The California Sentencing Institute (CASI) interactive map now shows annual criminal and juvenile justice statistics for 2009-2015. The map provides users with county-by-county visual comparisons illustrating law enforcement practices, incarceration rates, and trends over seven years.
Given the shift in criminal justice policies stemming from Public Safety Realignment in 2011, juvenile justice realignment in 2007, and Proposition 47 in 2014, the CASI map provides a useful visual tool for understanding and monitoring how counties implement statewide policy changes.
From 2014 to 2015, crime in California generally increased. State figuresshow California’s 2015 violent crime rate increased by 9 percent and the property crime rate increased by 7 percent from 2014 levels. This increase may explain why several counties experienced higher rates of state and local incarceration per felony arrests in 2015 compared to 2014.
Coinciding with trends in previous years, in 2015, Kings County’s rate of state incarceration per the general population continued to rank highest in California. This may be due to the presence of three men’s state prisons in the county. As in 2014, Kings, Shasta and Tehama counties ranked highest in contributing to the state prison population. However, all counties showed a decrease in their rates of adults held in prison per 100,000.
Riverside County surpassed Kings County in its reliance on state prisons, jumping from a rate of 465 people incarcerated per 1,000 felony arrests in 2014, to a rate of 685 in 2015. Shasta County and Los Angeles County rates also increased from 453 in 2014 to 631 in 2015, and 444 to 608, respectively. Kings County’s state incarceration rate decreased slightly, dropping from 608 in 2014 to 602 in 2015. .
Orange County had the highest jail population per 1,000 felony arrests in 2015, increasing from a rate of 25 in 2014 to 381 in 2015. Inyo and Yuba were again among the highest rates of jail population in 2015, also with increasing rates.
In 2015, San Francisco had the highest total reported crime rate for the third year in a row, followed by Alameda and Stanislaus counties. San Francisco’s reported crime rate was comprised of 89 percent property crimes, and 11 percent violent offenses. San Joaquin, San Francisco, and Shasta counties saw the highest rates of reported violent offenses in 2015.
When reviewing the 2015 juvenile CASI map, it is important to note that many of California’s small counties have small, estimated youth populations (ages 10-17) and very few juvenile felony arrests. This will cause incarceration rates per juvenile felony arrest to be higher, though the real numbers may be small. For example, in 2015, Inyo County arrested 3 youth for felony offenses, and committed one youth to the state youth corrections system in 2015. This scenario causes the state confinement rate of youth per 1,000 juvenile felony arrests to be high.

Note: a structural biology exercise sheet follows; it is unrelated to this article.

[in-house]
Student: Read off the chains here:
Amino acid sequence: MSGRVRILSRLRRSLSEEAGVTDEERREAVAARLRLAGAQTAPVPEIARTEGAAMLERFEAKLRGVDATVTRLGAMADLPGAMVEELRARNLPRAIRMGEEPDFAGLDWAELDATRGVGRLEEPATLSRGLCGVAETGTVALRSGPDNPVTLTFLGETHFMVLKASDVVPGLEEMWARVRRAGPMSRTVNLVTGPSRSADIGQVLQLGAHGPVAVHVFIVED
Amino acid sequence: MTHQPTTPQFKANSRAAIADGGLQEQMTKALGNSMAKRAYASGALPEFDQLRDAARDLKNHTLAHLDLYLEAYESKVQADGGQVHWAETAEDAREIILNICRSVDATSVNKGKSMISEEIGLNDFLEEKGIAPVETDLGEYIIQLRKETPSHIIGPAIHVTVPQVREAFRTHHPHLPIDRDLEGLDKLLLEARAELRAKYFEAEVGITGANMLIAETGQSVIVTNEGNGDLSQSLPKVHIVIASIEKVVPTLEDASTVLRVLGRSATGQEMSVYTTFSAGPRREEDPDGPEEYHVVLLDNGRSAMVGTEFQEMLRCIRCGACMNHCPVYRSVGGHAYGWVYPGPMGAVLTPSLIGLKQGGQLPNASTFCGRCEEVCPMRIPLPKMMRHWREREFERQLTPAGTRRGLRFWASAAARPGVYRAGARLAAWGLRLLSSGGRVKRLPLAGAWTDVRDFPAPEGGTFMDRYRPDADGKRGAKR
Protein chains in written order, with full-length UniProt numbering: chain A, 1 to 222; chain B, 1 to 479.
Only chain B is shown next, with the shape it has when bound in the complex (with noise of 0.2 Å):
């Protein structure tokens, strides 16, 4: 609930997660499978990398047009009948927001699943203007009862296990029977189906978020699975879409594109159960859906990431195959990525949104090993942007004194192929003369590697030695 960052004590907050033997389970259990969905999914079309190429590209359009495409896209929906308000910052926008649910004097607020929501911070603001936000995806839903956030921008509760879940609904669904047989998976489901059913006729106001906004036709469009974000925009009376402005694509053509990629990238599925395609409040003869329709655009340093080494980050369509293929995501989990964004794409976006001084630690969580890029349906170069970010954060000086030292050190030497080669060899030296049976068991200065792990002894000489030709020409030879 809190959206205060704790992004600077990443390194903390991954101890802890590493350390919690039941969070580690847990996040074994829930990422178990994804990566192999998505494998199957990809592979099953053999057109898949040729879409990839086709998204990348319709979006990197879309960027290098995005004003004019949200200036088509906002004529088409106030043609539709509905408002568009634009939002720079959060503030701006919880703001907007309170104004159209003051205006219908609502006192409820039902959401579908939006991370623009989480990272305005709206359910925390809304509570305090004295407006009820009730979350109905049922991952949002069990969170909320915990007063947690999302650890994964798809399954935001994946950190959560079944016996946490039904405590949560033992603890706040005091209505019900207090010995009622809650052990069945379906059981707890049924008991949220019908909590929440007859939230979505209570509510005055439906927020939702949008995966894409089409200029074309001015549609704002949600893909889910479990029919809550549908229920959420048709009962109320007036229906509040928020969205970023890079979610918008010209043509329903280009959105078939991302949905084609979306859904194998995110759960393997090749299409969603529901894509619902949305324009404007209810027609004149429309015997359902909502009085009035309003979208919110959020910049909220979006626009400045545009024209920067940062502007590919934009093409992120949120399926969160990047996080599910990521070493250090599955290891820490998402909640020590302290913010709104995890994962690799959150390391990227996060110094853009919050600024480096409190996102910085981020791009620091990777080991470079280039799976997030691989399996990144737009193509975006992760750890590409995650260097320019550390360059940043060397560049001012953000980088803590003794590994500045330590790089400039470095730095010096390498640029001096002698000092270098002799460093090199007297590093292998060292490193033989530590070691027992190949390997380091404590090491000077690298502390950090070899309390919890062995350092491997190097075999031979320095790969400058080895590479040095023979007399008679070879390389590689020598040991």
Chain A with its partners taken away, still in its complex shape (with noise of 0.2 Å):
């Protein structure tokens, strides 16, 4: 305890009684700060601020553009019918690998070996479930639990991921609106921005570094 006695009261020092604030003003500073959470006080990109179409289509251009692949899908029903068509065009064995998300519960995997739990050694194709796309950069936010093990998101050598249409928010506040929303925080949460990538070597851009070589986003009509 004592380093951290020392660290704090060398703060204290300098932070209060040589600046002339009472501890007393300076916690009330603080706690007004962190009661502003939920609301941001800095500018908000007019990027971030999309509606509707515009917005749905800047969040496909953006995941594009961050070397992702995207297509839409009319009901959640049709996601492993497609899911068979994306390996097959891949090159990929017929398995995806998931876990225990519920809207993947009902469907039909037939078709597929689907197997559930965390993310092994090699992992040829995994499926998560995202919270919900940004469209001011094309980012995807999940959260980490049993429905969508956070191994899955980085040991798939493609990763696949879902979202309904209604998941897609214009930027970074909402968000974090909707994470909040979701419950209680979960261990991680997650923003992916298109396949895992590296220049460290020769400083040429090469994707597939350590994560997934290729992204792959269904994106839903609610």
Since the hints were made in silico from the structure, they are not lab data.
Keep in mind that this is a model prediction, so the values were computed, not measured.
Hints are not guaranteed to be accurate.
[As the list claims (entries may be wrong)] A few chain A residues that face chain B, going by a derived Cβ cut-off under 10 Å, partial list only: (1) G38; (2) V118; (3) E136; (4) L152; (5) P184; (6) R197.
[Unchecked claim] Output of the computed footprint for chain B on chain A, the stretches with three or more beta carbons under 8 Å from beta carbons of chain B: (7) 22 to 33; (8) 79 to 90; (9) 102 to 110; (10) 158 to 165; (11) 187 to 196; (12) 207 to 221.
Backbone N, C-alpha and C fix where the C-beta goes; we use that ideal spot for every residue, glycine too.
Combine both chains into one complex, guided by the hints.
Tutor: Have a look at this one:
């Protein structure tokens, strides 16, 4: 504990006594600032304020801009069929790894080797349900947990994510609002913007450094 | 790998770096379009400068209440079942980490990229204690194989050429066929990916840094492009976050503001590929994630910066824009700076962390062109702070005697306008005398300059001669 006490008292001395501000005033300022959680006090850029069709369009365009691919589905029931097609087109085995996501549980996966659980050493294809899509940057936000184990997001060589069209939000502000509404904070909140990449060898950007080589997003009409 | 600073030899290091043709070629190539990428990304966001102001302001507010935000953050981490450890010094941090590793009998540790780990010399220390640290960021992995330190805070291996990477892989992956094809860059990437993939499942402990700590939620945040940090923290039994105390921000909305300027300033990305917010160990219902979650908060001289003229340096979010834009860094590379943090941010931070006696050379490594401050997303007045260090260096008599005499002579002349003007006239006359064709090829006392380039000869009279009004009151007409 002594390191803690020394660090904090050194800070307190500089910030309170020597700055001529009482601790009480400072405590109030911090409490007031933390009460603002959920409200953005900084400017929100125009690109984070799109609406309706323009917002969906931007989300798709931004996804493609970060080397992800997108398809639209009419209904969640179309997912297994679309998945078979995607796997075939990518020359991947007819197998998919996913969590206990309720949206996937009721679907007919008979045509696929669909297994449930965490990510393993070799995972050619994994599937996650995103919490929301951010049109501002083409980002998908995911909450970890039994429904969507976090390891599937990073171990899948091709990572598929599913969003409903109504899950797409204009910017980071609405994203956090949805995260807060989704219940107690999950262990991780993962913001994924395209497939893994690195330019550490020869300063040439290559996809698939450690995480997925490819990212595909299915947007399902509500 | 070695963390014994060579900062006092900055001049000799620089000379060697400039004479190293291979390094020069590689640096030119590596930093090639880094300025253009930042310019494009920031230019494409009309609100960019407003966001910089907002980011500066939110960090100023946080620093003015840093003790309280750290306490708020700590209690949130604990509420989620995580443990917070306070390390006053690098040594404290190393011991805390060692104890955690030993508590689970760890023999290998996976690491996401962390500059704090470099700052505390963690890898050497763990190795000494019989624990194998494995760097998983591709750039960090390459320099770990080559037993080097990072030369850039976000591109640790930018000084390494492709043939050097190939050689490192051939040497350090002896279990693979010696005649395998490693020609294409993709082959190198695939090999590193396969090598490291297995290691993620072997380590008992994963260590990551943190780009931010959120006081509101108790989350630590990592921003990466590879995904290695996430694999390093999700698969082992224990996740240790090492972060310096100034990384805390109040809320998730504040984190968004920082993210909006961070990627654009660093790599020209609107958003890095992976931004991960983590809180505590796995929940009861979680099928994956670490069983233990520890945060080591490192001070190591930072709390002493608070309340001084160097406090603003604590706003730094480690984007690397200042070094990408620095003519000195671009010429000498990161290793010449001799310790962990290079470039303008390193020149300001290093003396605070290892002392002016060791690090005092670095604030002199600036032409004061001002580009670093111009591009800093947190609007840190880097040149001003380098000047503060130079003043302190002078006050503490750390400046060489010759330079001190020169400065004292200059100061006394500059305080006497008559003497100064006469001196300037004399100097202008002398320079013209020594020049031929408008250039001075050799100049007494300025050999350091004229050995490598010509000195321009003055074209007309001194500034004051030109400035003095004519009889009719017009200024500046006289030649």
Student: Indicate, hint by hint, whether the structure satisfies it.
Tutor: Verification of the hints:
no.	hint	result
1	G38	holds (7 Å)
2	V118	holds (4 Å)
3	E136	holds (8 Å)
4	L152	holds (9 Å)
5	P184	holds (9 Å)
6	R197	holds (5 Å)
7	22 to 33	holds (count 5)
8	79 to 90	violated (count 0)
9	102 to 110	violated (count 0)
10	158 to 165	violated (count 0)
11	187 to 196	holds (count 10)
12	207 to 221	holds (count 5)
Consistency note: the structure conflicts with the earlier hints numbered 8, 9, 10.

Kings, Mendocino, and Yolo counties had the highest juvenile arrest rates in 2015, with Kings County maintaining among the highest rates of youth arrest from 2011-2015. San Francisco showing very high youth arrest rates for 2009-2015. However, in 2015, the juvenile arrest rates among the highest ranked counties decreased overall compared to 2014.
Consistent with the findings of a October 2016 CJCJ report studying the prosecution of youth as adults in California counties, Yuba County by far showed the highest rates of direct transfer of youth to adult courts in 2015. Yuba County had the highest ranking in this category for 2013-2015.
In November 2016, Proposition 57 eliminated the discretion of district attorneys to directly prosecuting youth as adults, also known as direct file, without the input of a judge. This practice was shown to have a disparate impact on youth of color and the use of direct file in a county depended more on the politics of the district attorney than the prevalence of youth crime.
Center on Juvenile and Criminal Justice